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If you’ve ever been skiing or snowboarding, you can attest to the huge benefit goggles provide for visibility and comfort while out riding the snow. They protect your eyes from snow and debris, reduce sun glare, keep the cold wind off your face and prevent your eyes from drying out. Learn some tried and true adventure skills to keep those goggles clear and your visibility high.
The science behind the fog
Water vaporizes (turns from liquid to gas) when it heats up. Your breath, vaporizing sweat, melting snow, and moisture in the air all humidify the cold air when you’re out in the snow. When this warm water vapor hits a cold surface it condenses and turns back into a liquid. The steamy air trapped inside your goggles touches the cold surface leading to foggy goggles. Once that water condenses, it can be really hard to get off and can sometimes freeze, making it even harder to see. It’s the humid air getting trapped in your goggles that causes the problem. So the question then becomes – how do we keep the humidity out and prevent foggy goggles?
Tip 1 – Mind the weather
A key factor in foggy goggles is the weather, including the dew point, the temperature, and the relative humidity. The general forecast should play a role in how you prepare for an adventure and that will impact how well you keep your goggles fog free. If it’s a sunny bluebird day, you’re going to be less likely to fog up because the sun will help keep the humidity down and dry things out quickly. If you’re out after dark in powder on a frosty night, you’ve got a bit more of a challenge on your hands. Be sure to dress warm enough, but ensure you don’t overdo it. Keep your mouth and nose clear of clothing so your breath can blow off and not get trapped inside your goggles. It’s better to be a bit too cold than overheated.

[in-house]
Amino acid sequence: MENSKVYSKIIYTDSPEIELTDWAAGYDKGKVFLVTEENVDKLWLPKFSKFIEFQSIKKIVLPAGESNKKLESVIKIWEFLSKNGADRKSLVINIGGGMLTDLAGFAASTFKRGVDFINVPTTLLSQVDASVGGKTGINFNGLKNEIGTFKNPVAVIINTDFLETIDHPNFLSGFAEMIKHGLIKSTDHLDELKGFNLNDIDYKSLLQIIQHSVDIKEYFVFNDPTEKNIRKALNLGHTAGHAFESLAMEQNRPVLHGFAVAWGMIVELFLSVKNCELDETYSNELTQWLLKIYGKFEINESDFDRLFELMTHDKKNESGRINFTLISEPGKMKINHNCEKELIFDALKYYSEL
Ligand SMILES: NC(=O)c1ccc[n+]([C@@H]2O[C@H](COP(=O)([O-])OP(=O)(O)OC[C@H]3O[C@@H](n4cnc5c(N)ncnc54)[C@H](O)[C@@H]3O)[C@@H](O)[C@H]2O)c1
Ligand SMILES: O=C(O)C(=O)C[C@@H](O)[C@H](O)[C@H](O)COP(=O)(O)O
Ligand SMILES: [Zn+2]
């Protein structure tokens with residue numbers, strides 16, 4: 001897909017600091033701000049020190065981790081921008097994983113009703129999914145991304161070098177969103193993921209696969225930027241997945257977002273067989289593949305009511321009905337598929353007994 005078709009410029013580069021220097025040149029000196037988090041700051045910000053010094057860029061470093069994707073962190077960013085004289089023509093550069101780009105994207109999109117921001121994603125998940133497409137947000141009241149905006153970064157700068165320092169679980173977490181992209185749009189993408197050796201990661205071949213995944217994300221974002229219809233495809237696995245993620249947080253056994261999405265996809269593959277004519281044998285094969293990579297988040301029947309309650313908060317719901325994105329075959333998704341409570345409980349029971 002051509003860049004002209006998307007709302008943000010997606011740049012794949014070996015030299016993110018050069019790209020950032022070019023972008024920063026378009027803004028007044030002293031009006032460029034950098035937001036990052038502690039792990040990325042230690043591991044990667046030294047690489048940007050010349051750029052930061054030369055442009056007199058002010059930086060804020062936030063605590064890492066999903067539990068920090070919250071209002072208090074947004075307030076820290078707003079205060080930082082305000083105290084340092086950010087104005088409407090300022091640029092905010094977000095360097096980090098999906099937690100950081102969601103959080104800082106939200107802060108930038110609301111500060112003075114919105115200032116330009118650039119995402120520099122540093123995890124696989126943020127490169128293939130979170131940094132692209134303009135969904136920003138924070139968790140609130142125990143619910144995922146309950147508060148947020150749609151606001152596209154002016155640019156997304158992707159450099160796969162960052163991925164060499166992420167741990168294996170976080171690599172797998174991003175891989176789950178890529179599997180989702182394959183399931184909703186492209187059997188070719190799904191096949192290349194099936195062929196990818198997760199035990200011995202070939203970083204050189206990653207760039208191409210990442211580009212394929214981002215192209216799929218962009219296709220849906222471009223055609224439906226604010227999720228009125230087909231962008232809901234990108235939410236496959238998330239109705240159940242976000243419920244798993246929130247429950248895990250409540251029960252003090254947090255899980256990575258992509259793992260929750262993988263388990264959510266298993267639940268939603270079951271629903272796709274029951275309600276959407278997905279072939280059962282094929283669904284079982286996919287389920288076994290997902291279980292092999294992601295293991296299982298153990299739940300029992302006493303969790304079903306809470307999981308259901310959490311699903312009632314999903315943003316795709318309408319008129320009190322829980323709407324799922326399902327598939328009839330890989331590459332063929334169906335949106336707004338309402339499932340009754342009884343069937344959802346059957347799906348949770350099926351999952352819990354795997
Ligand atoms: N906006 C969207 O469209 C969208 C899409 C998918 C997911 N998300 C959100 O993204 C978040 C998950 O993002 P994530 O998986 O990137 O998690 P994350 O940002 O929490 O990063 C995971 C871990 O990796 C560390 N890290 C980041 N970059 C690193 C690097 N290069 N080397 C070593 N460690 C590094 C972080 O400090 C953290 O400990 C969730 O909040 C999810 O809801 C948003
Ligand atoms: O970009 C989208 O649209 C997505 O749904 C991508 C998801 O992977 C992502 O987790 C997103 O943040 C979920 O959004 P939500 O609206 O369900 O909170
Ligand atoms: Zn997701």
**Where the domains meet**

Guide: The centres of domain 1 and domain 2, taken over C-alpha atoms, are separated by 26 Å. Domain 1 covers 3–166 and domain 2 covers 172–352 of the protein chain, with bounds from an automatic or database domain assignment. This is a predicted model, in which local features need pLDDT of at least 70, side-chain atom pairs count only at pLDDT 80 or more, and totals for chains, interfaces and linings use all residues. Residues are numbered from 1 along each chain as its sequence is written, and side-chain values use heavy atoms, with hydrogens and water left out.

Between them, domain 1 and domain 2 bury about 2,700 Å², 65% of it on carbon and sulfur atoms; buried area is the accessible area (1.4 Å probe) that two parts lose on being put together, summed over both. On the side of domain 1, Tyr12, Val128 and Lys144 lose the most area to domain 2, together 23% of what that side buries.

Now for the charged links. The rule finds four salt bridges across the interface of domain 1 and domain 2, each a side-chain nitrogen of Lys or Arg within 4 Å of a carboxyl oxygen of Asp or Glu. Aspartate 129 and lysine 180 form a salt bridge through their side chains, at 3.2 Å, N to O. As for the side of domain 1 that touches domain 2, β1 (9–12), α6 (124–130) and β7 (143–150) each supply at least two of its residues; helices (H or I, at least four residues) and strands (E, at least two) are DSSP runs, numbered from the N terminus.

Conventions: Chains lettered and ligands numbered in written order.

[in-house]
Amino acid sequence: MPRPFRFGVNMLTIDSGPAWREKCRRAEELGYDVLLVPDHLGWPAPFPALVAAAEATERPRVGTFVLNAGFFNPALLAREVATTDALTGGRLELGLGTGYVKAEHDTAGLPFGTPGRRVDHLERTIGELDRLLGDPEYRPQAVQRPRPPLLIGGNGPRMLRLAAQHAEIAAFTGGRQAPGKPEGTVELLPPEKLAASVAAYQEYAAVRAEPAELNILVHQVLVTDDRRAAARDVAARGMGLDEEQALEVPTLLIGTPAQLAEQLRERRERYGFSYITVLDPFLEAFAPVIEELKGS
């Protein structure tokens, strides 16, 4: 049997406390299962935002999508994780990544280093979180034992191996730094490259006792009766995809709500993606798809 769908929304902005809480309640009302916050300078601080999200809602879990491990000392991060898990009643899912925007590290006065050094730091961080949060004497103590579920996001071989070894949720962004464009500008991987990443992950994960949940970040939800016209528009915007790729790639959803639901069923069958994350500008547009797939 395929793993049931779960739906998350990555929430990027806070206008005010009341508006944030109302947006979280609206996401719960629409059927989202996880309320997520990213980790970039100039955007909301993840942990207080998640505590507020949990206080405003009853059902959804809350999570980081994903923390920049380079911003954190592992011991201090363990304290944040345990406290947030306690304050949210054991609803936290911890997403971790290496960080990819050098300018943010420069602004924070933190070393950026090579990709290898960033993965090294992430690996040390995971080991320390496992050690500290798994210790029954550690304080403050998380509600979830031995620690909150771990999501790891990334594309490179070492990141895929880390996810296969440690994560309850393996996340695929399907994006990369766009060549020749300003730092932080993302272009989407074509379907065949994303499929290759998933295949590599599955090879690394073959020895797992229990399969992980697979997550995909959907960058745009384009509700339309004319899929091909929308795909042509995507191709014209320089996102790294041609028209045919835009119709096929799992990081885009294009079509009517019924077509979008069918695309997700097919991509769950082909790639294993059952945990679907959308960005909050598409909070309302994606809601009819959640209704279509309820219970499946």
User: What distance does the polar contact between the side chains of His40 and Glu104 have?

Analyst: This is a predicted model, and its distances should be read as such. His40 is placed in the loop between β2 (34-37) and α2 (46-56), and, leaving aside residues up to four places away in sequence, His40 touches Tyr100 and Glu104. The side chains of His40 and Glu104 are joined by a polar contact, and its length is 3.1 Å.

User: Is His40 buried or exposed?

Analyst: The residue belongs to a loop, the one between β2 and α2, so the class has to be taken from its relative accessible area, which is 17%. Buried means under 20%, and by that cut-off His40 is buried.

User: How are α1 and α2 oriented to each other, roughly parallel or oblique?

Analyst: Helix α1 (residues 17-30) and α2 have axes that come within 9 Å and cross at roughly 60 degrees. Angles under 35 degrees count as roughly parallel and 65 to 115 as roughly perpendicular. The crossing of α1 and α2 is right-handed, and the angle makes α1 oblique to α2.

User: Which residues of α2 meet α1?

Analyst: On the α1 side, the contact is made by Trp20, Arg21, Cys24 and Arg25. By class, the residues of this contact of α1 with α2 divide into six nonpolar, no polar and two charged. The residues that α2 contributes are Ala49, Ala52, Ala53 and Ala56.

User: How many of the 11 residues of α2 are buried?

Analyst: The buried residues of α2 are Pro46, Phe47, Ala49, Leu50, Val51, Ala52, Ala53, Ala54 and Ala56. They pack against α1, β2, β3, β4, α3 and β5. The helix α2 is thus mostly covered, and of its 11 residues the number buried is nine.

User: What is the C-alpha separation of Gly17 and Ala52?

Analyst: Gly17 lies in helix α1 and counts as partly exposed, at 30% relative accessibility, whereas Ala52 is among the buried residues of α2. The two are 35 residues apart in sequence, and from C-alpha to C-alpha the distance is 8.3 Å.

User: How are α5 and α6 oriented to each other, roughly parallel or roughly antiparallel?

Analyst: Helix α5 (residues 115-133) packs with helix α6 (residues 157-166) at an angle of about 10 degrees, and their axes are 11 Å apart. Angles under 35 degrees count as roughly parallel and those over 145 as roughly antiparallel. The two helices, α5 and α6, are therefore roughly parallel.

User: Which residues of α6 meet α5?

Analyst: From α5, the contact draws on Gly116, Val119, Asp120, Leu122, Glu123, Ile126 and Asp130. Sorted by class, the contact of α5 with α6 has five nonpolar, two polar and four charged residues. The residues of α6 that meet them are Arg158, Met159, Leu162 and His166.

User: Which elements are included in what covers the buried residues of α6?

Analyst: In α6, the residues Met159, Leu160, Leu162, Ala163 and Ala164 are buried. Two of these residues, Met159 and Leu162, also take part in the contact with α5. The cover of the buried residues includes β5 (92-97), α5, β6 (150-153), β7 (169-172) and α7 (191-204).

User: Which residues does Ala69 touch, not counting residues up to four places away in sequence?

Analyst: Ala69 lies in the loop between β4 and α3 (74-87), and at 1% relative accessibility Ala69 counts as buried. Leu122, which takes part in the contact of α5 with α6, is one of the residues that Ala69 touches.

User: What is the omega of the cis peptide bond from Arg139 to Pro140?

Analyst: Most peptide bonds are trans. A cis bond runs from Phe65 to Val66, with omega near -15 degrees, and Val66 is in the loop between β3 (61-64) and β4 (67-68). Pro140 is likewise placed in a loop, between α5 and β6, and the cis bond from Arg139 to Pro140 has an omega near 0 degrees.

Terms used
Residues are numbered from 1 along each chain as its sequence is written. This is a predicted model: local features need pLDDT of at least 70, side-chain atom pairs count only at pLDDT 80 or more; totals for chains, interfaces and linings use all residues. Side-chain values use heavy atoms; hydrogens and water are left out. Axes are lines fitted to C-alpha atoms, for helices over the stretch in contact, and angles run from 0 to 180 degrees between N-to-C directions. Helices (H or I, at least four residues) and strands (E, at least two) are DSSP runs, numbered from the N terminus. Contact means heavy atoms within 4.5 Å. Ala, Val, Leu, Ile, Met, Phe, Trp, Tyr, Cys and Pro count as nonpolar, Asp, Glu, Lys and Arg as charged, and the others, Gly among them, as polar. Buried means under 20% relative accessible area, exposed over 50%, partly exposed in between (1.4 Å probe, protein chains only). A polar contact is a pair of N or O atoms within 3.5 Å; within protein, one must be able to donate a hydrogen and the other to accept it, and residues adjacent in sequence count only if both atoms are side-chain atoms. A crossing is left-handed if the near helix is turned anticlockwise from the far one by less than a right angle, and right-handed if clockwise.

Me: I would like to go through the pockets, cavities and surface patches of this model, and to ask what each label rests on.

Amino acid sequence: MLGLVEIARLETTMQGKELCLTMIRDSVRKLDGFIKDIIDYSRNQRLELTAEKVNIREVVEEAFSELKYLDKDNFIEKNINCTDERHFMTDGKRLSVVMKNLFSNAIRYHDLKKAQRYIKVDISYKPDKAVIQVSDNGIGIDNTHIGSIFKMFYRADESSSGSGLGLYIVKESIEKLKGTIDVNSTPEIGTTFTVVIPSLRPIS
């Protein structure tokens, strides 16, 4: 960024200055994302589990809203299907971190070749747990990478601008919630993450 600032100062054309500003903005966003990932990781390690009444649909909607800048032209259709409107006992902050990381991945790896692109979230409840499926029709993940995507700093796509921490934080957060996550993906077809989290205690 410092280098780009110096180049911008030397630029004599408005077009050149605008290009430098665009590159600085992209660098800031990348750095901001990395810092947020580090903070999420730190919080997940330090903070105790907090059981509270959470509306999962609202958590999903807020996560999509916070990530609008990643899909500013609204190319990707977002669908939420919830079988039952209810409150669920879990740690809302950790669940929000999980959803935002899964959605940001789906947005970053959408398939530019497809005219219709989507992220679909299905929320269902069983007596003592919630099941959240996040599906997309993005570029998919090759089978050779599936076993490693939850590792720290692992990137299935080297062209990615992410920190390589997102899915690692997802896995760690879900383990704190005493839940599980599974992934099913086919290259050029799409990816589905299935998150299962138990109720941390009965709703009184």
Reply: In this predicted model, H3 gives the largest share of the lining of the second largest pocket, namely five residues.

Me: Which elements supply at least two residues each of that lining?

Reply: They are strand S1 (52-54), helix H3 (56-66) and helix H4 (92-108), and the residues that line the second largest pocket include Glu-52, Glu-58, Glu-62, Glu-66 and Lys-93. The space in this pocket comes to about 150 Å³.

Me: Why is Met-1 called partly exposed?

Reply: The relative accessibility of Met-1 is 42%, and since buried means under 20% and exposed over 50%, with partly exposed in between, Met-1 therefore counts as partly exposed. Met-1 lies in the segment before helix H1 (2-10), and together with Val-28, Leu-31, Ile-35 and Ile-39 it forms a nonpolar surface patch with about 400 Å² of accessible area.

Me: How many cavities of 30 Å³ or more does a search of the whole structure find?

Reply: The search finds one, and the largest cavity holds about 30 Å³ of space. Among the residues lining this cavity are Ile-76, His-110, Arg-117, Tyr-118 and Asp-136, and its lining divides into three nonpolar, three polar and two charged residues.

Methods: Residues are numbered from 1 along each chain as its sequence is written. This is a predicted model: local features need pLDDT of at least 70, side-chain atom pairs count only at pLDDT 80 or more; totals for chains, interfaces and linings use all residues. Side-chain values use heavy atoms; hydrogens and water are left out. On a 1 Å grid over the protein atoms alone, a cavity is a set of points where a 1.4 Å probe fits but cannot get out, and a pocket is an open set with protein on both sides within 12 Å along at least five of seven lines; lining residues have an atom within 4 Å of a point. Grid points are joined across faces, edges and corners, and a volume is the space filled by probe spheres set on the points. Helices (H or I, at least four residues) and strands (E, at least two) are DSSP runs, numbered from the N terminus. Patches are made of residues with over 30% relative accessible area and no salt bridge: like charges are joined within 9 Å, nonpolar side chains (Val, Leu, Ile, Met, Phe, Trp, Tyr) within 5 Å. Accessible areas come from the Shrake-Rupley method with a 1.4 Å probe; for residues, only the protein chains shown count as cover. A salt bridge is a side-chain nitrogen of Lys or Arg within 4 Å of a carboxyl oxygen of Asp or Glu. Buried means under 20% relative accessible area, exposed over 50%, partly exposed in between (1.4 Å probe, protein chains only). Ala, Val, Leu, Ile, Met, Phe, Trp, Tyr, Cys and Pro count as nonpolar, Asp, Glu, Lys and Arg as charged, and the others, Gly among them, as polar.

Tip 2 – Dress for the occasion
If you’ll be doing something very active like ski touring, mountaineering, or cross-country skiing, you’ll be working much harder aerobically and will sweat more than if you’re just hitting the ski lift or the sledding hill. For a cold but active adventure, be more careful about your layers and the types of fabrics you wear. Don’t overdo what you have on your head and face, and ensure what you do have is breathable. Since we’d never encourage you to adventure without a helmet, pick one that has adequate ventilation and preferably one that has controllable ventilation. The one below is the one I use and like.
This helmet has adjustable vents so you can tune it in to your activity level to prevent sweat and fog!
If you know you’ll be ascending or going cross-country, keep your goggles stowed in your pocket until you get to the downhill and use a pair of sunglasses or maybe even stash an extra lens or two so you can swap out the foggy goggles when you need to.
Other considerations in what you wear are the fabric type. Ensure whatever you have on your face or head is breathable, moisture-wicking, and well-ventilated. If it traps in the moisture, you’re gonna get foggy goggles! My go-to choices for covering my face and neck are thin polyester gaiters for warmer weather and wool balaclavas for colder weather:
Tip 3 – Acclimate your goggles
If you can keep the temperature inside your goggles similar to your body temperature, the humidity won’t condense as easily. You can do this by putting your goggles on before you get out in the cold and keeping them on the whole time you’re out. If you take them off, you may wish you hadn’t. The changes in temperature will cause condensation and foggy goggles in no time.
Tip 4 – treat your lenses right